Published in IJCP November 2021
Clinical Study
Correlation of Vitamin D Levels with COVID-19 Severity and Outcome
November 20, 2021 | Gurdeep Kaur, Gaurav Sharma, Jainendra Sharma, Shweta Biyani, Ranjna Veerwal
Hospital Medicine
     


Abstract

Background and aims: Low vitamin D levels have been associated with an increase in inflammatory cytokines and a significantly increased risk of pneumonia and viral upper respiratory tract infections. Vitamin D deficiency is associated with an increase in thrombotic episodes, which are frequently observed in coronavirus disease 2019 (COVID-19). These conditions are reported to carry a higher mortality in COVID-19. So, we conducted a study to prove the correlation of vitamin D levels with COVID-19 infection and severity. Material and methods: The present study was conducted at RNT Medical College, Udaipur, Rajasthan. This study was done over a period of 2 months after getting approval from Institutional Ethics Committee. Written and informed consent was obtained from patients. In this study, 81 patients admitted in COVID wards and ICU, with COVID reverse transcriptase-polymerase chain reaction (RT-PCR) positive reports were included. Results: Out of a total 81 patients, 37 (45.7%) were in the 41-60 years age group, 29 (35.8%) were more than 60 years of age and 15 (18.5%) were less than 40 years of age. Seventeen patients had severe vitamin D deficiency, 27 patients had moderate vitamin D deficiency, 20 patients had mild vitamin D deficiency and 17 patients had normal vitamin D level. Out of 17 patients who had severe vitamin D deficiency, 11 (64.7%) patients required invasive mechanical ventilation and out of these 17 patients, 13 (76.47%) patients died. Out of 17 patients who had normal level of vitamin D, 16 (94.1%) maintained SpO2 at room air and only 1 patient required invasive mechanical ventilation. As the level of vitamin D increased from severely low to normal level, requirement of high oxygen support decreased and SpO2 at room air increased. Mean of vitamin D among the patients who died was 10.4963 while mean of vitamin D level among patients who survived and were discharged was 27.2362. All 17 patients who had normal level of vitamin D were discharged from the hospital. Mean of serum ferritin and mean of interleukin (IL)-6 was high in patients who died and low in patients who were discharged. Conclusions: Vitamin D level plays an important role in COVID-19 disease. Vitamin D have significant role in protection from severe form of disease.

Keywords: COVID-19, vitamin D, T regulatory lymphocytes, acute respiratory distress syndrome, IL-6, serum ferritin

The severity of coronavirus disease 2019 (COVID-19) is influenced by several factors, including the evidence of pneumonia, severe acute respiratory distress, myocarditis, microvascular thrombosis and/or cytokine storm. All these conditions have underlying inflammation. A major defense against inflammation, and viral infection in general, is the T regulatory lymphocytes (Tregs). It has been reported that Treg levels can be low in COVID-19 patients and can be increased with vitamin D supplementation.1 Treg levels can be particularly lower in severe COVID-19 infection.2 Low vitamin D level has been tied to an increase in inflammatory cytokines as well as a significant increase in the risk of pneumonia and viral respiratory tract infections. Additionally, vitamin D deficiency has also been tied to an escalation in thrombotic episodes, often seen in patients with COVID-19.1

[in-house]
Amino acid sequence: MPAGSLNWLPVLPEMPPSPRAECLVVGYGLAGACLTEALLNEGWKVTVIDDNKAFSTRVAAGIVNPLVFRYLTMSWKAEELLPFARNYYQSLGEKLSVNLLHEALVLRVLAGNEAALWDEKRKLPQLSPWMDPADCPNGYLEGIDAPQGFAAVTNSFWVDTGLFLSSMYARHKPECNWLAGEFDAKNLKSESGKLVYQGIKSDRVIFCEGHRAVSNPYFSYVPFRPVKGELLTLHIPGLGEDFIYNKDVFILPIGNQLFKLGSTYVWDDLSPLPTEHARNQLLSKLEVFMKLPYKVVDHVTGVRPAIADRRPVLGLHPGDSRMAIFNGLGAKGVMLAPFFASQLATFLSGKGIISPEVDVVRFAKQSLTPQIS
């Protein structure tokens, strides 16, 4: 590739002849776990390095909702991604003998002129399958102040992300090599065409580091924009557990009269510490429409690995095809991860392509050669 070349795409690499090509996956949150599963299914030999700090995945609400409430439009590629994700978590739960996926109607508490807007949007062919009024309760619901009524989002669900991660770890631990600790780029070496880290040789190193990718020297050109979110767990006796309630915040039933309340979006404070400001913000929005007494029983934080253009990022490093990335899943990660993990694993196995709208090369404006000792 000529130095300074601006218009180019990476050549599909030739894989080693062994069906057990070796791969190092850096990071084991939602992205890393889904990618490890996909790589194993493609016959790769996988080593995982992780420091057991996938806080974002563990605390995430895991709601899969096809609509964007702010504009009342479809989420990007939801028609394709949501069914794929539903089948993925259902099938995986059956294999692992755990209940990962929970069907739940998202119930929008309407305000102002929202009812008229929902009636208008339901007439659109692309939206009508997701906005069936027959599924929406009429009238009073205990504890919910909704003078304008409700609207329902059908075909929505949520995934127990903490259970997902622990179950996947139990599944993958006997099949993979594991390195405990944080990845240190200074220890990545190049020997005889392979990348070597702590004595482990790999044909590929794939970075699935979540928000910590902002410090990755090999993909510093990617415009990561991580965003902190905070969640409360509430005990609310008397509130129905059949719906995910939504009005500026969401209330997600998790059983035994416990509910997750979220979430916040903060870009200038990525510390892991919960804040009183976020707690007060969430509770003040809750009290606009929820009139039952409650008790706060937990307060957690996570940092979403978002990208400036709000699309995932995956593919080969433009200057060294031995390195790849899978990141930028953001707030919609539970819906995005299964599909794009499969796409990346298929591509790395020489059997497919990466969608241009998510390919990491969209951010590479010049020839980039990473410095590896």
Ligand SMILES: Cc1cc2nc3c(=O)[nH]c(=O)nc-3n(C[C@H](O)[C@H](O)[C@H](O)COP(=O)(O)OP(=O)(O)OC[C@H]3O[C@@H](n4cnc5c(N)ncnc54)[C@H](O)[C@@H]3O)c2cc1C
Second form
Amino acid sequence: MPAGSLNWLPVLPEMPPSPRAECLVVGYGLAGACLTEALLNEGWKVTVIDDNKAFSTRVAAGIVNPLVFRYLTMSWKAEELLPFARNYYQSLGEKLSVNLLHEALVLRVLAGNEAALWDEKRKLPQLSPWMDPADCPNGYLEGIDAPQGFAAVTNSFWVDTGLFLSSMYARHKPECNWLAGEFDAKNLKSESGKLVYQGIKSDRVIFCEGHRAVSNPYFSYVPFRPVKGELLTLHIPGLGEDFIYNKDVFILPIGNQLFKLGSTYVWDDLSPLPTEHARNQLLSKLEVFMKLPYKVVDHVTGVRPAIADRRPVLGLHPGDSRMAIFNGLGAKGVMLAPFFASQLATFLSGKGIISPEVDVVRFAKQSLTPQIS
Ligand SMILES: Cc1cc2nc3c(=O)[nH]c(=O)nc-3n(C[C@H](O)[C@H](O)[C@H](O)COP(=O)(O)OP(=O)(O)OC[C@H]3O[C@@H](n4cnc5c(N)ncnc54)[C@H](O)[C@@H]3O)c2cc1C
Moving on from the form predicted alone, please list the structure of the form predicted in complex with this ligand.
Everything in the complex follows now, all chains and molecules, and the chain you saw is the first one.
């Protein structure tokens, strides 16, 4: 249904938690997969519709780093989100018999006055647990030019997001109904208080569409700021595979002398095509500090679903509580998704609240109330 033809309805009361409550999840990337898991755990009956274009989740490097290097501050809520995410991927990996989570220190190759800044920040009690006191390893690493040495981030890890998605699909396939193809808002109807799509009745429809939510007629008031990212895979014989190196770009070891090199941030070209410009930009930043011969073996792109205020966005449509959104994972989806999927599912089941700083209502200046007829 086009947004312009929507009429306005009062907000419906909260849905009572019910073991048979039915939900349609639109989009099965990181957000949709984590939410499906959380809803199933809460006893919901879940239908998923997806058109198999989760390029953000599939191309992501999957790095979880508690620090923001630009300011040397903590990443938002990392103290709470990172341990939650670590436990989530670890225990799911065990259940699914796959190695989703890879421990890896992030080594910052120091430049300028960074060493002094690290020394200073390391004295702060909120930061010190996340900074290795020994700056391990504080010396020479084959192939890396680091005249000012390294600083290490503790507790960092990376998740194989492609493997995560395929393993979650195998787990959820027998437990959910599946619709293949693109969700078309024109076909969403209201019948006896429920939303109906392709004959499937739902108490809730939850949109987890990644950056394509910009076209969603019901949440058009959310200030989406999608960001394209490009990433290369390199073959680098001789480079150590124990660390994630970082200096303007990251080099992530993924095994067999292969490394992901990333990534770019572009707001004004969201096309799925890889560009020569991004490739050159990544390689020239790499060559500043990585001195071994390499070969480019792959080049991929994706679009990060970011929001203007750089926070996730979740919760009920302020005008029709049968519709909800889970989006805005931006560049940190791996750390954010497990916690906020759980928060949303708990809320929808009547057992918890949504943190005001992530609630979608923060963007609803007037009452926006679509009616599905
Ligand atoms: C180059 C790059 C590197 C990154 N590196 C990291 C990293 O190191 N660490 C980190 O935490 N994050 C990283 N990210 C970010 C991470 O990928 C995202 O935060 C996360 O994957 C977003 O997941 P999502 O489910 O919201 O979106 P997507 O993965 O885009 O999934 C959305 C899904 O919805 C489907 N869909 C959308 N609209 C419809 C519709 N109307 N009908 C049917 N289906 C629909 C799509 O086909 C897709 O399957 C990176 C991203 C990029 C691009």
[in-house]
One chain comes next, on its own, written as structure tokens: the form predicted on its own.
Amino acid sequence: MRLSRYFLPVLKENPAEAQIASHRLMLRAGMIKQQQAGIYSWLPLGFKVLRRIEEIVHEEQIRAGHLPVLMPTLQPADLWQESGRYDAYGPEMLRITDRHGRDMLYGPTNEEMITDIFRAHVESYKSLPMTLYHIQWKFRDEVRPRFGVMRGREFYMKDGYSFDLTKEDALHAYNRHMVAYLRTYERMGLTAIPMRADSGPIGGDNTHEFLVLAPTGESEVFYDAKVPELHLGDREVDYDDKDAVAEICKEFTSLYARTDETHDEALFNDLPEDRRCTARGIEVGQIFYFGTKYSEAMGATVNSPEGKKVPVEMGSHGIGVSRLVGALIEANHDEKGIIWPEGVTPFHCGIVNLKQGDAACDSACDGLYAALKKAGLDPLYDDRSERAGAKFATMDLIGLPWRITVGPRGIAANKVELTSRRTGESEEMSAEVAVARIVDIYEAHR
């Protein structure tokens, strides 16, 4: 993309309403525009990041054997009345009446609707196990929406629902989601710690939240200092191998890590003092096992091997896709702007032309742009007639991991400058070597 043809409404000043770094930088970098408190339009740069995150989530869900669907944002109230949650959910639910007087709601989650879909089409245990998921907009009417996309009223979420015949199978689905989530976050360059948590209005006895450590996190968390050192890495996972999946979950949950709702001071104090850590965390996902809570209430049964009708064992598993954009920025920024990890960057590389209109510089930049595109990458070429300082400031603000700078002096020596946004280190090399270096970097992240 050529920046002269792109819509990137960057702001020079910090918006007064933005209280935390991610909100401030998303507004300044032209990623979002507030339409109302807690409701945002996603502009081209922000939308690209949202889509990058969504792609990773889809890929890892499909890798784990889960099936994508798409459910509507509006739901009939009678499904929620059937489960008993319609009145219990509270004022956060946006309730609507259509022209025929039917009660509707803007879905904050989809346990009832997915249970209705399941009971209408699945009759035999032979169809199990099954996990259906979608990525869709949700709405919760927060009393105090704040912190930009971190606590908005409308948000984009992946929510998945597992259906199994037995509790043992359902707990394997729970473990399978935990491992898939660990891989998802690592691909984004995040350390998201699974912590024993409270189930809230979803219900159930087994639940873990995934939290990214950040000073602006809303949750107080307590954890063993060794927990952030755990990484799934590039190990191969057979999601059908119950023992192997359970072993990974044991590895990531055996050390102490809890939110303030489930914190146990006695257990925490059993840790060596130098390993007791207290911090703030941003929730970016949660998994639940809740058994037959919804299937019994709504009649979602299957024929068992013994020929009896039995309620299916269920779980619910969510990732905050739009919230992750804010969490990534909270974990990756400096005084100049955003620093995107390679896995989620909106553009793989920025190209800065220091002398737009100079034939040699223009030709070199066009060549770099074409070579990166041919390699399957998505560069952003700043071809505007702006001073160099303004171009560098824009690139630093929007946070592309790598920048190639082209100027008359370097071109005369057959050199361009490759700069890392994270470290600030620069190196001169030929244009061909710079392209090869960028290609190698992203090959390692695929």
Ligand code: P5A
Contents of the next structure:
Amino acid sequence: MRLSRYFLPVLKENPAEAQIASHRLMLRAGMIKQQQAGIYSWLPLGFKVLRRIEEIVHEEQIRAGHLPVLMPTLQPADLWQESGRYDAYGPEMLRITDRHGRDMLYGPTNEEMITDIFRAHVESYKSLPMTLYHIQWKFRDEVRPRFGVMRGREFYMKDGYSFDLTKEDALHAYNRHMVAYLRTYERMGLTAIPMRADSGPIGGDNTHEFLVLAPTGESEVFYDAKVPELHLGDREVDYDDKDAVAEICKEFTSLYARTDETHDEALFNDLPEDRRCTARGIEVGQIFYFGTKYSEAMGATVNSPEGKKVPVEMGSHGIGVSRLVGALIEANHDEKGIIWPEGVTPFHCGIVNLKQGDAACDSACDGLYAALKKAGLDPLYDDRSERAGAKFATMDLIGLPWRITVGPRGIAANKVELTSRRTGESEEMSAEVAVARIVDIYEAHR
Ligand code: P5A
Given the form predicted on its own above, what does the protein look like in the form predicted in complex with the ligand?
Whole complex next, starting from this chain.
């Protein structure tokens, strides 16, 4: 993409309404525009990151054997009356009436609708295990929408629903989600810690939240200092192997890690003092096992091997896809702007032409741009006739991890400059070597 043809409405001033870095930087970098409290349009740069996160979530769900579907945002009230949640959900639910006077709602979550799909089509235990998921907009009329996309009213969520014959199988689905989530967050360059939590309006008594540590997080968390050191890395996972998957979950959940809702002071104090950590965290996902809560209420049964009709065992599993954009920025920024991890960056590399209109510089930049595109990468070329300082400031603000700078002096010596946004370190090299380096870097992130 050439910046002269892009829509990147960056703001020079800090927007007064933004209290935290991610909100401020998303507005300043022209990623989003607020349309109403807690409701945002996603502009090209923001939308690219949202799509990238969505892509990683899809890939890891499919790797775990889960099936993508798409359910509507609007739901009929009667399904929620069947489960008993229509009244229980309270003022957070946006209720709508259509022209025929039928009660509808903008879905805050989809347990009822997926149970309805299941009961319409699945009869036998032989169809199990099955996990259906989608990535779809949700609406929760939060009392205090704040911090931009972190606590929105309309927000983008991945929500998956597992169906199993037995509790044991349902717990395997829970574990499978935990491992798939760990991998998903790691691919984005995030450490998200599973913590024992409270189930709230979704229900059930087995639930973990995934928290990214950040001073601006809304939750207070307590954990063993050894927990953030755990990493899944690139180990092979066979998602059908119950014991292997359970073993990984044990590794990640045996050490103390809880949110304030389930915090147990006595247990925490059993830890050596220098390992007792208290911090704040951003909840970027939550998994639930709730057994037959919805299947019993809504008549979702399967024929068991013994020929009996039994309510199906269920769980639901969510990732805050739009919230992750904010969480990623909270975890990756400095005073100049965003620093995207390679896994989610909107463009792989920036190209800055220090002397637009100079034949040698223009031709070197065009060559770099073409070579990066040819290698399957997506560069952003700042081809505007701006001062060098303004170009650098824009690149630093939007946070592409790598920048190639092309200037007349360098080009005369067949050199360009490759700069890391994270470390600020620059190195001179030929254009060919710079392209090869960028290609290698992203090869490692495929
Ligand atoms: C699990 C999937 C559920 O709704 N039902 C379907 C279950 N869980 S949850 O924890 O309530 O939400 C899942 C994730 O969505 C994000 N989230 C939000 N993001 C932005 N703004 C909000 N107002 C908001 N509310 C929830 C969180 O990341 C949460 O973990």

Deficiency of vitamin D is common in patients with obesity and diabetes. Moreover, these are among the conditions known to be associated with a higher mortality in COVID-19.1

Mechanisms that Link COVID-19 with Vitamin D

The COVID-specific CD8 T cells and the specific antibodies produced by B cells are vital to eliminate the virus. However, unchecked non-specific inflammation and production of cytokines can result in injury to the lungs and other vital organs. Thus, limiting the early non-specific inflammation during COVID-19 illness may give time to the specific acquired immunity to develop.

As mentioned earlier, Treg levels have been reported to be low in some COVID-19 patients, and are markedly reduced in severe cases.2 In a study by Johnstone et al conducted among older nursing home patients, high Treg blood levels were found to be tied to decreased risk of respiratory viral disease.3 This implies that if Treg levels are increased, it may prove to be beneficial for decreasing the severity of viral disease and possibly of COVID-19 as well.

Vitamin D supplementation can increase Treg levels in both healthy individuals as well as those with autoimmune disorders.4,5 Low levels of vitamin D are associated with a significantly increased risk of pneumonia and viral respiratory tract infections.6,7

Low vitamin D levels are tied to an increase in inflammatory cytokines. In healthy individuals, researchers have noted a significant inverse relationship between the serum 25-hydroxyvitamin D [25(OH)D] and tumor necrosis factor (TNF)-α.8 The levels of interleukin (IL)-6 have been found to be increased in those who were vitamin D deficient.9 Several animal studies and in vitro cell models have shown vitamin D3 to down-regulate the production of inflammatory cytokines, such as TNF-α and IL-6, while increasing inhibitory cytokines.10 All these observations suggest that adequate levels of vitamin D can potentially decrease the incidence of cytokine storm, which is seen in COVID-19.

Thrombotic complications are also frequently encount­ered in COVID-19 patients.11A large number of patients with COVID-19 have been found to have elevated D-dimer levels. Vitamin D is known to regulate thrombotic pathways, and the deficiency of this vitamin is associated with an increase in thrombotic episodes.12 Vitamin D deficiency has also been found to occur more frequently in patients with obesity and diabetes.13 These conditions are associated with higher mortality in COVID-19 patients.

MATERIAL AND METHODS

The present study was conducted at RNT Medical College, Udaipur, Rajasthan. This study was done over a period of 2 months after getting approval from Institutional Ethics Committee. Written and informed consent was obtained from patients. In this study, 81 patients admitted in COVID wards and intensive care unit (ICU), with COVID reverse transcriptase-polymerase chain reaction (RT-PCR) positive report, were included.

Patients admitted in COVID ICU and wards were tested for vitamin D level. Patient were grouped into: severe deficiency of vitamin D <10 ng/mL, moderate deficiency of vitamin D 10-20 ng/mL, mild deficiency of vitamin D 20-30 ng/mL and normal level >30 ng/mL. Association of vitamin D level was tested with outcome of patient in the form of discharge and death and maintenance of SpO2 level.